Seven ministers of the al-Assad regime will have their EU assets frozen and will be denied entry into the EU, Kiefer said. In addition, assets of the Syrian Central Bank in the EU will be frozen. Legitimate trade will be allowed to continue, she said, but must be authorized first.
"Today's decisions will put further pressure on those who are responsible for the ruthless campaign of repression in Syria," Catherine Ashton, the EU foreign policy chief, said in a statement. "The measures target the regime and its ability to conduct the appalling violence against civilians. As long as the repression continues, the EU will keep imposing sanctions."
Elsewhere in Syria on Monday, two people were killed and eight wounded by government shelling on the village of Sarmeen in Idlib province, the Syrian Observatory for Human Rights said.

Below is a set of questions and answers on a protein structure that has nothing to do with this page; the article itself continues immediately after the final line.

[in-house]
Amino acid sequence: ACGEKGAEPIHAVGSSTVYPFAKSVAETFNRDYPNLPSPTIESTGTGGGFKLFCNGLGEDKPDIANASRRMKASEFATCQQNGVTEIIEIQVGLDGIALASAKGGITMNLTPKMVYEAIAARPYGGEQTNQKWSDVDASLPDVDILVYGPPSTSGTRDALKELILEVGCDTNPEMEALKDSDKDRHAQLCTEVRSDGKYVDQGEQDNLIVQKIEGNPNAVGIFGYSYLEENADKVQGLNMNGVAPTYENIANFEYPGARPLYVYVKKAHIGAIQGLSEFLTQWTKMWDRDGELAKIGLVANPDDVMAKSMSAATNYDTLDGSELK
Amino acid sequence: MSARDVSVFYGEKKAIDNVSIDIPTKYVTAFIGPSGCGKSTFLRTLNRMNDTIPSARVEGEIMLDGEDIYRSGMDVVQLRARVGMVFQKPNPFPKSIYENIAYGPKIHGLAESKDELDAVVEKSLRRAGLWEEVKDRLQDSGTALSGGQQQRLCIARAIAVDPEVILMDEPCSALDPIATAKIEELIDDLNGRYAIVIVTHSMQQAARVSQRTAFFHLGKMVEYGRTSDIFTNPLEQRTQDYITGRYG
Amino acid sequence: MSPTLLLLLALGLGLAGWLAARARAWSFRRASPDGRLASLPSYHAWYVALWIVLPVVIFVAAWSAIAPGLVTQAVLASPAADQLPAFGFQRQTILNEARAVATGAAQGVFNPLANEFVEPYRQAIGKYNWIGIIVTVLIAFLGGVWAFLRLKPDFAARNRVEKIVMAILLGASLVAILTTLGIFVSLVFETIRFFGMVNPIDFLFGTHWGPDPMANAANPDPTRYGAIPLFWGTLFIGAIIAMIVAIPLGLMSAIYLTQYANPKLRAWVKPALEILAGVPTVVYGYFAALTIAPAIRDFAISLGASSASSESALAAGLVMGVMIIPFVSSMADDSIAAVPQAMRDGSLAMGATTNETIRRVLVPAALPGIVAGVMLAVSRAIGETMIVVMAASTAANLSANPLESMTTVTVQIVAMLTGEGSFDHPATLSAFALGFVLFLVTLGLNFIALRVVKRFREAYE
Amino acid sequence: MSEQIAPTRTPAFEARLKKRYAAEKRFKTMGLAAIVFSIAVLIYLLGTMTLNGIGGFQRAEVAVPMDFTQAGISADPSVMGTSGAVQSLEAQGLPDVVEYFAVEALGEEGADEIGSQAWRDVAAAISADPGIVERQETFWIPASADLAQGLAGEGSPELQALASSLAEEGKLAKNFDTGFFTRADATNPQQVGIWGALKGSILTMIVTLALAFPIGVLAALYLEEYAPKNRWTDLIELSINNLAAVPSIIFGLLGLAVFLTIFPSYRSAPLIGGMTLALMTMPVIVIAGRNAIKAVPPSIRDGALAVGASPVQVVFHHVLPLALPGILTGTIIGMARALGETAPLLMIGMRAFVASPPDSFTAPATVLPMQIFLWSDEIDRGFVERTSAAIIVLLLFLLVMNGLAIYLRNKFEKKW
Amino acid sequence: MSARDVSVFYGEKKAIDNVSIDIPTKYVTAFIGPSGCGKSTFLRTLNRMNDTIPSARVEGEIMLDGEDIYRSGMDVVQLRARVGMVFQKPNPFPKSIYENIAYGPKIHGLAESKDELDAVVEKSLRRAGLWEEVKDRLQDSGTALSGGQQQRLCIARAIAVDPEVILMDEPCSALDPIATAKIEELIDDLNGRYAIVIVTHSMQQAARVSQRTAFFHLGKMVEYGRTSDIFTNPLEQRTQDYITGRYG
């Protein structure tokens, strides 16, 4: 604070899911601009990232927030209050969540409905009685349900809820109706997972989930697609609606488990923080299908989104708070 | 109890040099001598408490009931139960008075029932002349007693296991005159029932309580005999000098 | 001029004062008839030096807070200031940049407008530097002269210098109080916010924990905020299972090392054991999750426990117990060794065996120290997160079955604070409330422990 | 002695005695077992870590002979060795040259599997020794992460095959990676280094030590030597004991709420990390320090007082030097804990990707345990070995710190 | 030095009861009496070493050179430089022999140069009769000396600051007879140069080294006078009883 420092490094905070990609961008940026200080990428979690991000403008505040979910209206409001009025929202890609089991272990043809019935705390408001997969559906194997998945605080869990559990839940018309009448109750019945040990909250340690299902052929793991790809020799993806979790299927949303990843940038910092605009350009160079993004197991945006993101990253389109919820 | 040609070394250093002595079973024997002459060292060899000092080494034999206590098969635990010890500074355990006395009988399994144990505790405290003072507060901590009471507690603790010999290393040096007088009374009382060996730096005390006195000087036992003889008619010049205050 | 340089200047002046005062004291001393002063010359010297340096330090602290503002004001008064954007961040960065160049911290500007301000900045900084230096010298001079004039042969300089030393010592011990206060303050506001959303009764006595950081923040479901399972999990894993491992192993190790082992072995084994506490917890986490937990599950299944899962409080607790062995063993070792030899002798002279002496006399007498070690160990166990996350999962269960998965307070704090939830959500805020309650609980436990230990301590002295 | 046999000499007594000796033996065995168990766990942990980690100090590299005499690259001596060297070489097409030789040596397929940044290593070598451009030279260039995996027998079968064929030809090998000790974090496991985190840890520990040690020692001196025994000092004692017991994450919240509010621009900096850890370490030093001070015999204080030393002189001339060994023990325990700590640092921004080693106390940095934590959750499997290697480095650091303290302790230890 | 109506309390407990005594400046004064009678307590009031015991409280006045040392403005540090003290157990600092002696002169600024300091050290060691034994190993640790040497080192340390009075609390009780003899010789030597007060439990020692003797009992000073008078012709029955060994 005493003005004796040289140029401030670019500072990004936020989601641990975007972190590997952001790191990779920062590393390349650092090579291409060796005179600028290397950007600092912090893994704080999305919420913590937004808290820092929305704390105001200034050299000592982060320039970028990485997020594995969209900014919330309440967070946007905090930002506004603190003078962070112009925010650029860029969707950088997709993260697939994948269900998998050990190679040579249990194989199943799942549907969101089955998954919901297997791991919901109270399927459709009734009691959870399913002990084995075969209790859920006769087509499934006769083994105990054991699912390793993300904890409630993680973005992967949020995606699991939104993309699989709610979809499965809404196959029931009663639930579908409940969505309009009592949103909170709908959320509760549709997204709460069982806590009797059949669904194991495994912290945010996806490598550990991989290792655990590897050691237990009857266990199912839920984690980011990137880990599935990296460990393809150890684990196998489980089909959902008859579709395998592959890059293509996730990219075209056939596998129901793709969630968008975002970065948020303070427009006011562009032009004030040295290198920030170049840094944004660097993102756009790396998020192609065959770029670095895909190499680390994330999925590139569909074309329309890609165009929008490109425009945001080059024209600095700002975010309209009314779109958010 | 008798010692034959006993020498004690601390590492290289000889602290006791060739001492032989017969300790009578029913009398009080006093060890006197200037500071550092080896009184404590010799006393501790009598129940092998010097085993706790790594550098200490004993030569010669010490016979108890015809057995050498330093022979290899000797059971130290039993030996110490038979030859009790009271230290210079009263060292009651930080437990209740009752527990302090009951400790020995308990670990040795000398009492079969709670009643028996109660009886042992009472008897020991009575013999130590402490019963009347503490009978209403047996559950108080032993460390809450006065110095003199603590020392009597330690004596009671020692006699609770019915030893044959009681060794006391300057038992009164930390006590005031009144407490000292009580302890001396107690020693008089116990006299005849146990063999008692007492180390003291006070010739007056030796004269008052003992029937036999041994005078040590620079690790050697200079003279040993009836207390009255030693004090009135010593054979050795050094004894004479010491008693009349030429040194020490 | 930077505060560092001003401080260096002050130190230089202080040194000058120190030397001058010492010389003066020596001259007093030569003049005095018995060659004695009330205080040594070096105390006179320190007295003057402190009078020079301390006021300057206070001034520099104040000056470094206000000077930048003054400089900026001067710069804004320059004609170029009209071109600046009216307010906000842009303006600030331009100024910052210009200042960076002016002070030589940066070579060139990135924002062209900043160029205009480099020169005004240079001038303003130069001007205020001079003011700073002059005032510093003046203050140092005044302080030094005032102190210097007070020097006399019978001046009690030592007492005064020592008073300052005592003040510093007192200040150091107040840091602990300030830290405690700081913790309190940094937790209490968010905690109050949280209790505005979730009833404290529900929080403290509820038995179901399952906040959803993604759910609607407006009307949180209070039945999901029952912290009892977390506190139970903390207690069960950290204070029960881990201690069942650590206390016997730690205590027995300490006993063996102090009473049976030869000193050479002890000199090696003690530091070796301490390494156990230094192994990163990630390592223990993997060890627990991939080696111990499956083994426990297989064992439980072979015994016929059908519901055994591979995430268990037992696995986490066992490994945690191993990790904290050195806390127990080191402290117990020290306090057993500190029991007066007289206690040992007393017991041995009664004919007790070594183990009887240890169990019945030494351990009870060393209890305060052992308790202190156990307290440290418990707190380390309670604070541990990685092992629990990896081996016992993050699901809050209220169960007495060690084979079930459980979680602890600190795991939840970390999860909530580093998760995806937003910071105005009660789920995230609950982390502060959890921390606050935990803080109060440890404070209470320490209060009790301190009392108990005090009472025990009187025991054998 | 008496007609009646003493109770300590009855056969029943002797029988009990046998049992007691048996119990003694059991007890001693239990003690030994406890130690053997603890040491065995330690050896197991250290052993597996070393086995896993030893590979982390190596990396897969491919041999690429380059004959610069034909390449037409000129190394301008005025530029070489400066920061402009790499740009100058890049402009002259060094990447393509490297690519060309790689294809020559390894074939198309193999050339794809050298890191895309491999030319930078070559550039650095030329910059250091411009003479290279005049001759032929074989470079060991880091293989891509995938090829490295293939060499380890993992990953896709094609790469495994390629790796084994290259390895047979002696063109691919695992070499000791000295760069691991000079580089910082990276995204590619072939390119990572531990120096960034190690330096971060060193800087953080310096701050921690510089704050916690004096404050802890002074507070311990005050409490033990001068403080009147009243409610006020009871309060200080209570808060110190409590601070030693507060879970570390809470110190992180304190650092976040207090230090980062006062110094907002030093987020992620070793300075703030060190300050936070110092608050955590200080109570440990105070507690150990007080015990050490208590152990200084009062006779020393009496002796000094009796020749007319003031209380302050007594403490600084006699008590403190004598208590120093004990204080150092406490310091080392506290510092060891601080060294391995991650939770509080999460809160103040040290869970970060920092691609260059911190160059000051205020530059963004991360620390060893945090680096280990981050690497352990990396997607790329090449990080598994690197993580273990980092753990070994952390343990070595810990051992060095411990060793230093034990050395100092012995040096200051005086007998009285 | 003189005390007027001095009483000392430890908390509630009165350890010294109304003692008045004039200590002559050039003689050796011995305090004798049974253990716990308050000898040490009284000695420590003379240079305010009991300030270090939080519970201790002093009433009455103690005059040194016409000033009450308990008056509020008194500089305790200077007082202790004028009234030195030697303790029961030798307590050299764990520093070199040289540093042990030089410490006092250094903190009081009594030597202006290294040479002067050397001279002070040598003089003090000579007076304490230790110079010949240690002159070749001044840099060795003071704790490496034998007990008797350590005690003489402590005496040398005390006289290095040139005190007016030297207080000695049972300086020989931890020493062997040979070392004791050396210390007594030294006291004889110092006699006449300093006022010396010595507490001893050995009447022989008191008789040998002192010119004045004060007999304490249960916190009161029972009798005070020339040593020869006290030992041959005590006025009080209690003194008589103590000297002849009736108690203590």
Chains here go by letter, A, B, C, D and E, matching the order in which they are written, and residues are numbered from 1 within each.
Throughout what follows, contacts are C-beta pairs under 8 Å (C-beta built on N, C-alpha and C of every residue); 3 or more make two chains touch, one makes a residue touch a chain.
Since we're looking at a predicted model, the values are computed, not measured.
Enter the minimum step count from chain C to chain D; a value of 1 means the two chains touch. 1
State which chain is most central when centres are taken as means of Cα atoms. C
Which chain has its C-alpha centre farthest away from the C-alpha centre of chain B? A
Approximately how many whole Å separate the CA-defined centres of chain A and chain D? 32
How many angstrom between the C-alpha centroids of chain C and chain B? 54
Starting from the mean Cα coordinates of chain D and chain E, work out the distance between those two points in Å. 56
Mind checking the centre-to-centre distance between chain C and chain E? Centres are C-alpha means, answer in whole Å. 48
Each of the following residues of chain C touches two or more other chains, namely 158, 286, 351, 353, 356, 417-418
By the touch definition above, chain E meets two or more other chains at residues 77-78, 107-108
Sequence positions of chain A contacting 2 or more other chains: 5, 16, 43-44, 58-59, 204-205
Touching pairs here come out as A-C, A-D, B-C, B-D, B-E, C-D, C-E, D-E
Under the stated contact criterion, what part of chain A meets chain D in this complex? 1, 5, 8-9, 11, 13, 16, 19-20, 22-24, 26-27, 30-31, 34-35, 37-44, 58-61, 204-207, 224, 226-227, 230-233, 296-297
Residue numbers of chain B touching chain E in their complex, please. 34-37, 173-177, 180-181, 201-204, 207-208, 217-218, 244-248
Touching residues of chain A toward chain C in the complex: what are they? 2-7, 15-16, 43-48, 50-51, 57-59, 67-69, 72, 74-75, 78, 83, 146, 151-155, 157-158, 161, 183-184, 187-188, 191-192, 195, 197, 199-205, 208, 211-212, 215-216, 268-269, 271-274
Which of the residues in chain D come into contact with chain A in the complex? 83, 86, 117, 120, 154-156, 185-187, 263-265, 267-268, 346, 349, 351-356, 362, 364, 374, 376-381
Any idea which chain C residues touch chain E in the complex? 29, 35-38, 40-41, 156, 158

The shelling began Sunday night, and Syrian troops have entered Sarmeen, said Abu Mustafa al-Sayed, a Syrian opposition and community leader in the town of Binnish, also in Idlib province. The Syrian army has Sarmeen surrounded, and communications with the residents have been cut off, he said.
And in Damascus, security forces fired on mourners at a funeral, according to the Local Coordination Committees. Clashes were also occurring in Deir Ezzor, the group said, and 14 students were arrested during a protest at Aleppo University.
The opposition network estimates that 9,000 people have been killed since the government launched its crackdown in March. The Syrian government says that more than 2,000 members of its security forces have been killed by "terrorists" during that same period.
Asked Monday whether Syria would be referred to the International Criminal Court, French Foreign Minister Alain Juppe said, "I hope the international community reflects on the conditions of referral. ... It's a difficult issue. Syria is not a participating state, so it's up to the Security Council to address this question. They must therefore continue to gather the elements that would permit an eventual referral."